This thesis explores the prevalence and correlates of 1) access to healthcare during the COVID-19 pandemic among marginalized Indigenous cisgender and transgender women and Two-Spirit Peoples, and 2) COVID-19 testing and vaccination in a cohort of women sex workers, among whom Indigenous women are greatly overrepresented. Previous and ongoing work clearly articulate the deeply harmful roles of colonialism and racism in continuing to systemically exclude Indigenous Peoples and highly marginalized populations of women (e.g., sex workers and women living with HIV) from accessing equitable healthcare and supports. While the COVID-19 pandemic has amplified structural inequities, little attention has been paid to how the pandemic impacts access to healthcare and COVID services among marginalized Indigenous women, Two-Spirit Peoples, and sex workers, particularly with regards to potential inequities experienced by Indigenous Peoples. Findings support the need for accessible, culturally-safe, anti-racist, and trauma-informed healthcare for marginalized Indigenous women, Two-Spirit Peoples, and women sex workers.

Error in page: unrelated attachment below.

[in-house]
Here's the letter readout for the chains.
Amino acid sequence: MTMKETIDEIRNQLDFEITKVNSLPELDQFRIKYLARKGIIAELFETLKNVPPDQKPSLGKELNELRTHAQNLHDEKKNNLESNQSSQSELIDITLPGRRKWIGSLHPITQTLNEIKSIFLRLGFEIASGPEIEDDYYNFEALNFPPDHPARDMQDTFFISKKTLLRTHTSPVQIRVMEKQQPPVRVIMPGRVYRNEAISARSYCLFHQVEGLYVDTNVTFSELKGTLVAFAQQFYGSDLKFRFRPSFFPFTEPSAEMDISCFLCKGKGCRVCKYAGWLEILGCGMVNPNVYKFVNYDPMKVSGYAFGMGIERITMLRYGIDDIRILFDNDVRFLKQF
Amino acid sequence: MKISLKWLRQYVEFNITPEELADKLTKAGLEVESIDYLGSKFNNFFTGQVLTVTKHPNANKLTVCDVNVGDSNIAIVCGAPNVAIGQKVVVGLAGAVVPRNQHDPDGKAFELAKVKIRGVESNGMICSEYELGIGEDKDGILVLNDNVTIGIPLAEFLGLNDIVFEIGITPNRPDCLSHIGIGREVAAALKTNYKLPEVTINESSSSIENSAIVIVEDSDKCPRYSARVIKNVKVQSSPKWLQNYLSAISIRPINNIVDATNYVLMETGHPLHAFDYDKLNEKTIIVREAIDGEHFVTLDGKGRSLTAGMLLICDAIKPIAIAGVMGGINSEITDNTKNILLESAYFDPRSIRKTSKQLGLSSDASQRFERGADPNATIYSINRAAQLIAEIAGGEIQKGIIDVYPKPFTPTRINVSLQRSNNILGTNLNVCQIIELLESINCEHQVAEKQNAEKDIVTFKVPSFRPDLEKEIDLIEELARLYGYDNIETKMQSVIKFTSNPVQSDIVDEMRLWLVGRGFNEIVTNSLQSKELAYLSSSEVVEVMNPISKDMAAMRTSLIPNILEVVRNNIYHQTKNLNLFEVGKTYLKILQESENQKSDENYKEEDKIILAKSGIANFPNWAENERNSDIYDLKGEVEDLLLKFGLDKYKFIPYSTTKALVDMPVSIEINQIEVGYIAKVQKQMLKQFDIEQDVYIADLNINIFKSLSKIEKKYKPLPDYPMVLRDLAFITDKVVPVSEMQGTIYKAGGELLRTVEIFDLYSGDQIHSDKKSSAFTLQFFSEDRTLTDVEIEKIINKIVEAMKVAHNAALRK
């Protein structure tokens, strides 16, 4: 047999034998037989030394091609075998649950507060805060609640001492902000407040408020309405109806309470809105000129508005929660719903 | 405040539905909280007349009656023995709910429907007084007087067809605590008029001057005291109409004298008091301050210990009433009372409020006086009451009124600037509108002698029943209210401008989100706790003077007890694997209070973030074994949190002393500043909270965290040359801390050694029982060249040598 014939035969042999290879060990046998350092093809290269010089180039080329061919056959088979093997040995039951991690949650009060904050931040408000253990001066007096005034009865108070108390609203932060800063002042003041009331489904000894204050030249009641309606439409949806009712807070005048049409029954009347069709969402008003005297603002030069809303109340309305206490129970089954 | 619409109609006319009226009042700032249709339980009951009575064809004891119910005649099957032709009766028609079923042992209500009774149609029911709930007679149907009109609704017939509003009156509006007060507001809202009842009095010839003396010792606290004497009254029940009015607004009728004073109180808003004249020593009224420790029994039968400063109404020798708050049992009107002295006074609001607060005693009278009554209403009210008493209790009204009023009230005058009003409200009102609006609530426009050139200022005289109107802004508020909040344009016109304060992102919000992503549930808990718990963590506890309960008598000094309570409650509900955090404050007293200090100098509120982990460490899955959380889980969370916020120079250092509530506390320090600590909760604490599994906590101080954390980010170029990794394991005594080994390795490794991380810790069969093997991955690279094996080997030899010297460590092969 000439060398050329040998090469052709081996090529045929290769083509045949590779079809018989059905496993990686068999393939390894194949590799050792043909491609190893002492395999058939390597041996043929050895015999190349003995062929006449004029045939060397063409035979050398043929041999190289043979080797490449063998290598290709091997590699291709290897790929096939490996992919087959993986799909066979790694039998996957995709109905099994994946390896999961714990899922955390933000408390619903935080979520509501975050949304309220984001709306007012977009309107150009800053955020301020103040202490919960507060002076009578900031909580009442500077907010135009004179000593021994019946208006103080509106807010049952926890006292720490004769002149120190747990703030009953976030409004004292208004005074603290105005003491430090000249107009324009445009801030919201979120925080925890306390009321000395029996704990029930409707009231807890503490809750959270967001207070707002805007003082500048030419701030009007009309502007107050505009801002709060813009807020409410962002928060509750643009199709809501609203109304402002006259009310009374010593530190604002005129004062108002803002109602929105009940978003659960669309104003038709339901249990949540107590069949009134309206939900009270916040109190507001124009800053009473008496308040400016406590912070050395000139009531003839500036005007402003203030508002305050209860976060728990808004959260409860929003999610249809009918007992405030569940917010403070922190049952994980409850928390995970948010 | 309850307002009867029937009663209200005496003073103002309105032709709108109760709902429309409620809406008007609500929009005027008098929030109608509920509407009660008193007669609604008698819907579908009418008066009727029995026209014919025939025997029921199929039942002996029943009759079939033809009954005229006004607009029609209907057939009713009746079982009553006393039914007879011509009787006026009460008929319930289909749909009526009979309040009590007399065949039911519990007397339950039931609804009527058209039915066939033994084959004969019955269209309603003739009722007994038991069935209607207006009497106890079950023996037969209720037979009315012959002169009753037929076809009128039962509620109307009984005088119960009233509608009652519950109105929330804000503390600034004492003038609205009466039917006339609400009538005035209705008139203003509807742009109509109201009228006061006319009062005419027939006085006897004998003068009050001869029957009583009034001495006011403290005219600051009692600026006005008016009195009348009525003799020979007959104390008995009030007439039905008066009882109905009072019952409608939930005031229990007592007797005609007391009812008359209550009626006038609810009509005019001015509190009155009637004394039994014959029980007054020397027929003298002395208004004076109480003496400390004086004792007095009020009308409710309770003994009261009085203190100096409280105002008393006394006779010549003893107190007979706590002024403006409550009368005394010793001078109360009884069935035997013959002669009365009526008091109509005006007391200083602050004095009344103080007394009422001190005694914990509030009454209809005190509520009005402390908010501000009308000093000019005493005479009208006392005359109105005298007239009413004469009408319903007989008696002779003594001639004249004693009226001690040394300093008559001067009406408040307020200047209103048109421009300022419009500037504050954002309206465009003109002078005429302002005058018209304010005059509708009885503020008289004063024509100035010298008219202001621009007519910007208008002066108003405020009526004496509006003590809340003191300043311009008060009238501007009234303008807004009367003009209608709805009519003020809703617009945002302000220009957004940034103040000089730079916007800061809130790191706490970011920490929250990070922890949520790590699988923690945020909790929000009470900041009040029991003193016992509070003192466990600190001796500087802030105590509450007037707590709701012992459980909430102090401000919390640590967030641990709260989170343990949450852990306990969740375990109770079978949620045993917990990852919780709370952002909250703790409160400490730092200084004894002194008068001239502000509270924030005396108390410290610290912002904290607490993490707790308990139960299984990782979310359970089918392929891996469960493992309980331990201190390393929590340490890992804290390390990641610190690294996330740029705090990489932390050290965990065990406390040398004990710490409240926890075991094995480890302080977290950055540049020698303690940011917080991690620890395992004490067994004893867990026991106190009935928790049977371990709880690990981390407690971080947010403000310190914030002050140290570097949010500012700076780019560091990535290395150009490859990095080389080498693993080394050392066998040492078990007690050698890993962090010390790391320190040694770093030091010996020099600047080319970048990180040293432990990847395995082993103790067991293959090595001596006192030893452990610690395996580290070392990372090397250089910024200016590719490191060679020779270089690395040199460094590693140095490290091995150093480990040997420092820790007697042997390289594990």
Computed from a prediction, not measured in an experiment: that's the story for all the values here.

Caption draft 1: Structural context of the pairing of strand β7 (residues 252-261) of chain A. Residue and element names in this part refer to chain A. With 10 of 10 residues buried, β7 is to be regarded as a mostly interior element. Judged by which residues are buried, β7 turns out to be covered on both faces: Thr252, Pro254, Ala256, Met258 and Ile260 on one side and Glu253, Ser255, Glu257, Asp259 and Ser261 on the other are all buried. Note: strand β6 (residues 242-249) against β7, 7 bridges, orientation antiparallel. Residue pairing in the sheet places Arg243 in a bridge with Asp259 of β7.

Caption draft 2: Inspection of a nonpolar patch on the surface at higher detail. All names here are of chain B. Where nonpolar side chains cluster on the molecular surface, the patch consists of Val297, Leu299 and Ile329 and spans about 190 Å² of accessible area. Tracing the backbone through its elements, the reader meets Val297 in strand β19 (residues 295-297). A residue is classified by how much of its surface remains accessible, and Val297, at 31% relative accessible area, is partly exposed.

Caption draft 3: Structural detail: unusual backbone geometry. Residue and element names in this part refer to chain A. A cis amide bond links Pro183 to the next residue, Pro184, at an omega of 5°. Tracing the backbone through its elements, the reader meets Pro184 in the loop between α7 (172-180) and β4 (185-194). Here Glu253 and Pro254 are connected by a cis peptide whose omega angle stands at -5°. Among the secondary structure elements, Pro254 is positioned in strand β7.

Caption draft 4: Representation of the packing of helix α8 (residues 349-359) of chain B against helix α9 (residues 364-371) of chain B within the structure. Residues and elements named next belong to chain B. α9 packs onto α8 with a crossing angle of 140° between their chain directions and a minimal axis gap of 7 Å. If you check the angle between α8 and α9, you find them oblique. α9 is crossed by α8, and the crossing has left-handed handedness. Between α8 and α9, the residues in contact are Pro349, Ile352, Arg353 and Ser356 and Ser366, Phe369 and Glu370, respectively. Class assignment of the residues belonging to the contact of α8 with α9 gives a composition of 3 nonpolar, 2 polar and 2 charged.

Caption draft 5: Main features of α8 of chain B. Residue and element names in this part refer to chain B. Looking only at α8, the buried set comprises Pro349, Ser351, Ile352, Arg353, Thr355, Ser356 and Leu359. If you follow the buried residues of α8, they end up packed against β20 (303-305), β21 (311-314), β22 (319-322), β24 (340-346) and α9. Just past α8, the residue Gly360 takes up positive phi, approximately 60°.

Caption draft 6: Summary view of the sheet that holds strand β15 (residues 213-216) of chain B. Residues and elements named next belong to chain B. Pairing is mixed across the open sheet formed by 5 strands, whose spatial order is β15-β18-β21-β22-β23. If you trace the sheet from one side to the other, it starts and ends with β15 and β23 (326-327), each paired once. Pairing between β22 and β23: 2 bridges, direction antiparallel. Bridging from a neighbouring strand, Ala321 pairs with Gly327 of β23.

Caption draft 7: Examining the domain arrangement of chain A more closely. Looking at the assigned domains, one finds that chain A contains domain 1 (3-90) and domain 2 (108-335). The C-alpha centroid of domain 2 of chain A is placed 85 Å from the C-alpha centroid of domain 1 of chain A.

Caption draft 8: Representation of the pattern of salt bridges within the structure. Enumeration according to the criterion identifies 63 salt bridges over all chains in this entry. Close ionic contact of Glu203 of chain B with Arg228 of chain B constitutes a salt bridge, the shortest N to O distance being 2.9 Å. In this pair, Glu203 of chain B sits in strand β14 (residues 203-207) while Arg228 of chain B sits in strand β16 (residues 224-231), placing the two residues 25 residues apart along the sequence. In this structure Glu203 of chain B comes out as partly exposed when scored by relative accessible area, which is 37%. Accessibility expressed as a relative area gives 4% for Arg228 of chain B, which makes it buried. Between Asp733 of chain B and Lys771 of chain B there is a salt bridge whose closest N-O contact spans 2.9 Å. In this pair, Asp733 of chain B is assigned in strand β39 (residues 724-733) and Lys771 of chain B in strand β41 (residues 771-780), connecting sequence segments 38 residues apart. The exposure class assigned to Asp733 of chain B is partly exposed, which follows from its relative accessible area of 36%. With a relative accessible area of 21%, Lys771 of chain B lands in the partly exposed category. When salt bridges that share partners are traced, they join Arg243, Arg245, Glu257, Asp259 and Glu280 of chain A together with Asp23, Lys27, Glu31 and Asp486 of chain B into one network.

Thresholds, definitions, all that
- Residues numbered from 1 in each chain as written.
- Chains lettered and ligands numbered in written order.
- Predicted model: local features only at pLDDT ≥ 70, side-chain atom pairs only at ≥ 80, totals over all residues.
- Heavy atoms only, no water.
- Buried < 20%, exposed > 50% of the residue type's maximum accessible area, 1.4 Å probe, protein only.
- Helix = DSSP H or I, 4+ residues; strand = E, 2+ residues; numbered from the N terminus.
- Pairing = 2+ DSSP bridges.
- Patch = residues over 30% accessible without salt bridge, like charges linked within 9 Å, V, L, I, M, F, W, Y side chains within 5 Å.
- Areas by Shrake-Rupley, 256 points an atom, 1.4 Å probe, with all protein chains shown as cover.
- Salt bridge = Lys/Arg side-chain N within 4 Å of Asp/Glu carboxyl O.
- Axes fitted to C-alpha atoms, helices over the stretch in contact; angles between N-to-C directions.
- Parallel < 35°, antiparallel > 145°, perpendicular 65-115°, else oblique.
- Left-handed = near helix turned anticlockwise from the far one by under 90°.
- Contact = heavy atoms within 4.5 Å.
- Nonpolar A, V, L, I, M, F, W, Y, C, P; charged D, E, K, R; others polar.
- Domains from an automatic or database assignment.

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Thesis advisor: Patrick, Lyana
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